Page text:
I hope you'll consider all my points. Probably nothing new here, but just tack my vote onto the list of change if it exists. Thanks a ton, and I seriously loved playing through act 1 of BG3 and am extremely excited to keep playing throughout early access! Keep up the good work!

Last edited by Rezeki; 13/10/20 03:27 PM.
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This was a well written. I'm really tired of reading the same rage threads over and over. So, thank you for putting this in a nice digestible format.

That being said, I've seen a lot of posts saying that magic is underpowered, rogues are underpowered, etc. To be honest, I felt like my Ranger was my only viable character. I've also seen another poster asking that Rogues be nerfed because he felt they were too powerful. I'm not suggesting that I'm right. I just don't think there's an actual balance issue. Instead, I suspect that certain playstyles make better use of certain characters. I probably subconsciously try to use my party in ways that makes the most use of my favorite character.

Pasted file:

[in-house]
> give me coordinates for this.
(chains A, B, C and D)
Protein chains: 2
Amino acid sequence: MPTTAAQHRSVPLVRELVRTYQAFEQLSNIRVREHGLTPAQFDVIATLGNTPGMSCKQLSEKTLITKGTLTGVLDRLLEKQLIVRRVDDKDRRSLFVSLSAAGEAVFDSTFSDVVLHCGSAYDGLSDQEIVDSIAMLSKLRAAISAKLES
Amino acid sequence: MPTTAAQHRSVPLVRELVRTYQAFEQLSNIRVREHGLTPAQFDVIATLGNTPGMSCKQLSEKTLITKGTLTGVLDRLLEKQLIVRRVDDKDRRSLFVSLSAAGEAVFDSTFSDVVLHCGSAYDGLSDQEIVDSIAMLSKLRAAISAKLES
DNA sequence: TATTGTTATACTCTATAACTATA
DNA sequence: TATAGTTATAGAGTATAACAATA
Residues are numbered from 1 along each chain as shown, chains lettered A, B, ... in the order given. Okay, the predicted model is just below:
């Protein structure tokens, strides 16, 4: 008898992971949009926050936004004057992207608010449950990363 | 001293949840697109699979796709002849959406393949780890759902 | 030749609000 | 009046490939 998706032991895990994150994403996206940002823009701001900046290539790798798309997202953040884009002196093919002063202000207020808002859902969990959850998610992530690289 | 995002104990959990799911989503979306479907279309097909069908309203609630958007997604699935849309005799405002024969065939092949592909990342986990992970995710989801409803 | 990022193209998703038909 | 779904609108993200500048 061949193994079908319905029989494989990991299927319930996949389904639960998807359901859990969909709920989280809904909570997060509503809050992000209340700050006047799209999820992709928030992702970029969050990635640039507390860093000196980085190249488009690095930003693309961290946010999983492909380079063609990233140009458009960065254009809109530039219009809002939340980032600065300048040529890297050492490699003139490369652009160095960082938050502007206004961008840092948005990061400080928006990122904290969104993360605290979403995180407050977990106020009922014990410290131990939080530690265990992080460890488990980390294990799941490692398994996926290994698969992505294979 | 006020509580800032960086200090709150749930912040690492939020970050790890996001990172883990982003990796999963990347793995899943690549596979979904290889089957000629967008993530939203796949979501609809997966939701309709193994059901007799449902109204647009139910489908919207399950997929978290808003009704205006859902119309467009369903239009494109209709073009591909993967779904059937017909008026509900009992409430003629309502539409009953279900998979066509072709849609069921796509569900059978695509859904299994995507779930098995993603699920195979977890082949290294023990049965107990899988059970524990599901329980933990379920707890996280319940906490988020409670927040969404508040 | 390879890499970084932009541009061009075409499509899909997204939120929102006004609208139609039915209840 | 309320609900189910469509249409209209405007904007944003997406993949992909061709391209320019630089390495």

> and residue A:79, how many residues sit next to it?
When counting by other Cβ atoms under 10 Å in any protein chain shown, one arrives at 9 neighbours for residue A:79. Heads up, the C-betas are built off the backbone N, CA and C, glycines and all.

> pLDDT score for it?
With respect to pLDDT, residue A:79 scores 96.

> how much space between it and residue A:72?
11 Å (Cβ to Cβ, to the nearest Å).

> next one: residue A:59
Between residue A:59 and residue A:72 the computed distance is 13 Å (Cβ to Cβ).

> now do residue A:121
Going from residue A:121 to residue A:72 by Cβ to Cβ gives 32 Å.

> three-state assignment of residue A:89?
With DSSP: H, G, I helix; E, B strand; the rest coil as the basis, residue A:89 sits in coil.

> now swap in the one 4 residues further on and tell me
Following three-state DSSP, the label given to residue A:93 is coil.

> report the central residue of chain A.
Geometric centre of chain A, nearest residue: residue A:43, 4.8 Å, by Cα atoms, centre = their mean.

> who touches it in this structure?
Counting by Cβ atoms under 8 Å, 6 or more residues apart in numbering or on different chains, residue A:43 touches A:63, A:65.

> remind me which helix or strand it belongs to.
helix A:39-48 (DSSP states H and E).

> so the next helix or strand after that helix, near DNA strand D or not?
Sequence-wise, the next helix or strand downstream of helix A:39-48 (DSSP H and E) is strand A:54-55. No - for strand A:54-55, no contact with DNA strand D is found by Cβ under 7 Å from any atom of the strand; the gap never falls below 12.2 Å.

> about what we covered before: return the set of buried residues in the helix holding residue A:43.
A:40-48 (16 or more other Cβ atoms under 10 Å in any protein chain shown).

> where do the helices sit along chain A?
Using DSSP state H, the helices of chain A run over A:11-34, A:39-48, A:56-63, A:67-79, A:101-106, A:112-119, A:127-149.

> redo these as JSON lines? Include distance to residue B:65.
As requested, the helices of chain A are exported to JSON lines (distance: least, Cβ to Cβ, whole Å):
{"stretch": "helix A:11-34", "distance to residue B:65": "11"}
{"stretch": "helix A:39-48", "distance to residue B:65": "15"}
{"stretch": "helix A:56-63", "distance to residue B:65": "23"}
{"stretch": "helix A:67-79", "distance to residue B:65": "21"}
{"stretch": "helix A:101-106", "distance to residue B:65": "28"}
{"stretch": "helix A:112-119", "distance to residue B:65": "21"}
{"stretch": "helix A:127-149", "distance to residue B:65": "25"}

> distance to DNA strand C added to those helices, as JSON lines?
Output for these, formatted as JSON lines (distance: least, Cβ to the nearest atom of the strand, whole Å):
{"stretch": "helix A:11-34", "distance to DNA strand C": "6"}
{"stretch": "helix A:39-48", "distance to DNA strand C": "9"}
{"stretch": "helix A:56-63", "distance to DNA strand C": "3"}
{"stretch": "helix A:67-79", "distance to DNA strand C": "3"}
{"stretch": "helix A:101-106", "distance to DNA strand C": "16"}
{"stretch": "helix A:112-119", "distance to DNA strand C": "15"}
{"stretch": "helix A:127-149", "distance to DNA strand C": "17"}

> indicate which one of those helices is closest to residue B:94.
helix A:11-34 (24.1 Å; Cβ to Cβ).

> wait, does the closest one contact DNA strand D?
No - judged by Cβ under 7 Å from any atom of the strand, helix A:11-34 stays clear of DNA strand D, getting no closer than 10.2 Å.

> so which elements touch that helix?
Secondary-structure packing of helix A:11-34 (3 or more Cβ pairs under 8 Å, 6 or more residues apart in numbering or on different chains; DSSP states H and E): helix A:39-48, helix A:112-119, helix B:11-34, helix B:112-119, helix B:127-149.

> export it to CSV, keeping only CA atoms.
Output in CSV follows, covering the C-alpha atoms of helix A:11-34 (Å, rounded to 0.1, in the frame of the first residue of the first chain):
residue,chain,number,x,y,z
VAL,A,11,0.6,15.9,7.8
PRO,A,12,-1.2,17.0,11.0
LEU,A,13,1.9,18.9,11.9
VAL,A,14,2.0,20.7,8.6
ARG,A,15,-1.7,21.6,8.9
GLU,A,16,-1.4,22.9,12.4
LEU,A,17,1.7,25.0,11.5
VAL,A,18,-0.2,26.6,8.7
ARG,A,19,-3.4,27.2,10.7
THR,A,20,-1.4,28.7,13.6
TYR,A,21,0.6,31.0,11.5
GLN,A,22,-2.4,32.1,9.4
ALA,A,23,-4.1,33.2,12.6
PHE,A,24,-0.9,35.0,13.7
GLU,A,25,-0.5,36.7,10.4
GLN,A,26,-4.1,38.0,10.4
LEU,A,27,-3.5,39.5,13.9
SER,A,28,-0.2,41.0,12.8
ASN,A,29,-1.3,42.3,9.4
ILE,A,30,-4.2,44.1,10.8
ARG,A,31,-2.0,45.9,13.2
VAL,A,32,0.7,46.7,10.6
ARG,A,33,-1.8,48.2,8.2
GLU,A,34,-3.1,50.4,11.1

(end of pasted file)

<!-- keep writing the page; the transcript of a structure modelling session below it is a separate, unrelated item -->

The only other thing I'll point out is that a couple of these are contradictory. Not trying to be rude, just trying to nail down what the actual problem is.

Melee is not viable, but combat is too easy. Could you elaborate on this a little because I don't see how both can be true. Like if all your melee characters are getting downed in battle... it's not too easy. I also suspect people feel that the combat is too easy/hard because of the unpredictability of the dice rolls. It's not the kind of slow and steady slog like in most RPGs. There's a psychological aspect too, if combat works out for you when it's based on a dice roll you think it's easy. If it doesn't you think it's too hard. Neither is true... it's luck. If you have other information to change my mind I'm all ears.